— By Raj Narayan
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The story of human evolution tells us that the ageing or aged were left to fend for themselves. Anthropologists describe this phenomenon as the ‘survival of the fittest’, rather insensitively. But then, that’s how motley groups of hunter-gatherers behaved thousands of years ago when their survival impinged on high levels of fitness. Because, the ability of these tribes to face up to the challenges from predators and rival groups hinged on letting go of those who are of least use to the group. So, they left the old to die or be killed by the predators, thereby creating twin benefits of ensuring safety for the rest and enhanced agility to the group as a whole.
As civilisations became more civil, the aged began to be treated in diverse fashions. There was the all-powerful patriarch that ran the show from behind the scenes. Then there was the loving matriarch whose job it was to prepare future generations of the family. There were also those who listened to their inner voice and moved from a ‘Grihasta’ to the ‘Vanaprasta’ – from contended soul to seeker. All these have been documented in detail in our history.
Till a few decades back, India and other countries in the region boasted of the joint family system whereby families stayed in a large complex with the patriarch handing over the baton to the next in line by way of mere seniority. Children married and procreated under the same roof and as the family grew bigger, so did that roof over their heads. There was no question of the members of the family moving out. The homo sapiens had been tamed!
Those were the days when ownership of land wasn’t directly proportional to a person’s social status. It was more about the family’s status! The agricultural revolution about 12000 years ago created social status. This, in its own way, created societies that went under the name of towns, cities and kingdoms. Each of these had a set of rules for every activity and for once the elderly of the tribe began to feel protected and nurtured.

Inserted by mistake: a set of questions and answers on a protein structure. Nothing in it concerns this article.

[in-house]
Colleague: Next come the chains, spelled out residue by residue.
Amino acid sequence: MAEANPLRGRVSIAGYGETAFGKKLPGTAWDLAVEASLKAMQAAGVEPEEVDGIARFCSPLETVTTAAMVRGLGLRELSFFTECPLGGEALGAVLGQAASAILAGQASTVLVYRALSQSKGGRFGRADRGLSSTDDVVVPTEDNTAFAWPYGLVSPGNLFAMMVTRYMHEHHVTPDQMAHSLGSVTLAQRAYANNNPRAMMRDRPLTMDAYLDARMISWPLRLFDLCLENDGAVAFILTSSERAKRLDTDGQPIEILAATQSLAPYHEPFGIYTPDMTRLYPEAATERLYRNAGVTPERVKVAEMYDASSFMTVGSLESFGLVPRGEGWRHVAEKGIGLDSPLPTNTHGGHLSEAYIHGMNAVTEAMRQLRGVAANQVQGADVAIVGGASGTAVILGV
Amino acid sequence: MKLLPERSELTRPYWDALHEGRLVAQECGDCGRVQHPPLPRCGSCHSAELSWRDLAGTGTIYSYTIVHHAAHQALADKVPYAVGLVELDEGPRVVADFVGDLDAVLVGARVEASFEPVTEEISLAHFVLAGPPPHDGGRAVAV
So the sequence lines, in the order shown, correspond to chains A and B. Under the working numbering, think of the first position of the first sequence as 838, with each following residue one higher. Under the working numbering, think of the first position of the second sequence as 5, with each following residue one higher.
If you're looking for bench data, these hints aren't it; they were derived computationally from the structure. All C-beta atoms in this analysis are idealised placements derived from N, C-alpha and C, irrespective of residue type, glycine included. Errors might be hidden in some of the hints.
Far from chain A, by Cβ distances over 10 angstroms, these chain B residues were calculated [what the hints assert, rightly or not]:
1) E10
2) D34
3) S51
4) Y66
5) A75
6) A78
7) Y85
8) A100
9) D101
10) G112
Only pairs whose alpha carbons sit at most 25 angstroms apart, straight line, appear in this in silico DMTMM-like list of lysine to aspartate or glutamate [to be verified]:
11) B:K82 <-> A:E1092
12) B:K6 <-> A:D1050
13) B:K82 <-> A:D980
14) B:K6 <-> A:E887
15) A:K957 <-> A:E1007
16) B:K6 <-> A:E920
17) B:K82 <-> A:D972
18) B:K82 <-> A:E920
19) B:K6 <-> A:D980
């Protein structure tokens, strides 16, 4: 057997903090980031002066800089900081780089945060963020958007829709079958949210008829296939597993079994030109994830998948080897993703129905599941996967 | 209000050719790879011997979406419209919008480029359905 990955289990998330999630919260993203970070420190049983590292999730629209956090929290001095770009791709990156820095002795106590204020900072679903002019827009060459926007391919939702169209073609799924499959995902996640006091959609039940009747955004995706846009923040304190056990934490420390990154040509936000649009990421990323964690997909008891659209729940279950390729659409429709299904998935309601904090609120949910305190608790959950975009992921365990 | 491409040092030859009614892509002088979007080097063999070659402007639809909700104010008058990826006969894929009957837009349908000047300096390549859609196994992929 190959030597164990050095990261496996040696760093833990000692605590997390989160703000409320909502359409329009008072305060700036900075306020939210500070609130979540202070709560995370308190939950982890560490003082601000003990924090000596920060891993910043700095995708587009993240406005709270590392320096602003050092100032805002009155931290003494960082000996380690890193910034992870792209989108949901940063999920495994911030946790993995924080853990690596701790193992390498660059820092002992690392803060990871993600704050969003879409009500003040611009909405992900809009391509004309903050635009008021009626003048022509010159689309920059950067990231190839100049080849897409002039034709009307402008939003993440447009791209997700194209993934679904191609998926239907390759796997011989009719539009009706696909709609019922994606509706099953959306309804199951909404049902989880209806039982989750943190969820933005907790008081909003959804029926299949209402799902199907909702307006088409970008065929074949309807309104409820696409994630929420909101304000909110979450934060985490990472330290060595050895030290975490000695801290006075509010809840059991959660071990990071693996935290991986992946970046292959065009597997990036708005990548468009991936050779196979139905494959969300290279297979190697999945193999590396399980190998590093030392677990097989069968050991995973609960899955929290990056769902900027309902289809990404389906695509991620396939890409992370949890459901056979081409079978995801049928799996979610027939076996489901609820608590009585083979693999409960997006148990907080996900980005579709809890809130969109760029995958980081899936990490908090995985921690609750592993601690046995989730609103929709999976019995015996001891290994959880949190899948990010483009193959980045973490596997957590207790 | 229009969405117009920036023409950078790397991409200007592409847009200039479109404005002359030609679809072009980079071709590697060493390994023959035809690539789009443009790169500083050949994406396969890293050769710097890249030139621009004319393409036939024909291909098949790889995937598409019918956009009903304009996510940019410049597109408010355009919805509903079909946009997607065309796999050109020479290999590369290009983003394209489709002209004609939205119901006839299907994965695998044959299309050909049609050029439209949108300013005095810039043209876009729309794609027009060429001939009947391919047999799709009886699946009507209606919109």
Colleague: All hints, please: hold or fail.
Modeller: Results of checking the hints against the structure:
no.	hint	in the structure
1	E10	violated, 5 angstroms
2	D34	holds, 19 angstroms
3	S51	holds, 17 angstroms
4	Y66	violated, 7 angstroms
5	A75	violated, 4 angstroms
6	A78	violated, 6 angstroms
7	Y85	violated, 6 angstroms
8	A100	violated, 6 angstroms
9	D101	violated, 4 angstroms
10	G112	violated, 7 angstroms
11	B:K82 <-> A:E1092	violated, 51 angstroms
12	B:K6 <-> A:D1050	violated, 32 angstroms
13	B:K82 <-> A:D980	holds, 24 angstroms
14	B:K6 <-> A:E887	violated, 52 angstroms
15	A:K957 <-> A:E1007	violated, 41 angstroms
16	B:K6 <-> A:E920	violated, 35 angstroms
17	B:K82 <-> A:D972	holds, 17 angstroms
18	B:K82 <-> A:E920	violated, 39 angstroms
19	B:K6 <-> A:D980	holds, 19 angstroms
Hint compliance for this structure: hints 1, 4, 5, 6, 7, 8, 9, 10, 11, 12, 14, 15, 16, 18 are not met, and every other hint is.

However, all good things come to an end as did this. Greed set in and people began attacking and breaking up other societies with a view to annexe or plunder. Yet again, the elderly were the obvious targets for being ignored. What was initiated by the agricultural revolution got carried forward by the industrial revolution. And, what followed was a merciless butchering of the joint family system. With the breaking up of the land ownership, family members started migration seeking fresher pastures – just as our predecessors the hunter-gatherers did. Only, this time round it was for desk jobs and fat bank balances.
In India, the trend began post the IT revolution in the late 1990s. Educated children moved over in search of jobs and ageing parents had to rely on their social capital for survival. Money was not in short supply as guilt ensured it’s smooth flow. It is a fact that migration was for a different reason but for the elderly, the outcome was the same!
They found themselves alone and often fending for themselves even as their children sought the pot of gold at the end of the rainbow. While the aged amongst the hunter-gatherers had little or no chance of survival, the story has changed for the elderly today. There are no predators today and life must be led, mostly without a clear purpose and often without the physical support of their near and dear ones. Into this milieu comes the services of companies like Winage™ whose motto it is to bring a smile to the faces of the elderly while nurturing their lives. And the one simple way that we believe this can be achieved is through connecting with their past lives. Apart from being a storehouse of information that can provide considerable value to individuals and organisations, these elders have the potential of becoming game changers in someone else’s life. The best way to connect with them is through their past.
And once we jointly explore that part of their lives, several vistas open up for generating social capital out of their rich and vast experience. A retired civil servant can provide valuable inputs to a project that she / he was responsible for. A former academic can bring in a completely different flavour to teaching methods that she used to churn out world beaters. An ex-banker can help the modern business in managing cashflows better. The list is endless…
Tell us if you’ve come across any senior citizen who has made a big impact within your ecosystem
(The author is the Executive Director of Winage™)
(Copyright of all photographs unknown. Came via Whatsapp Forwards)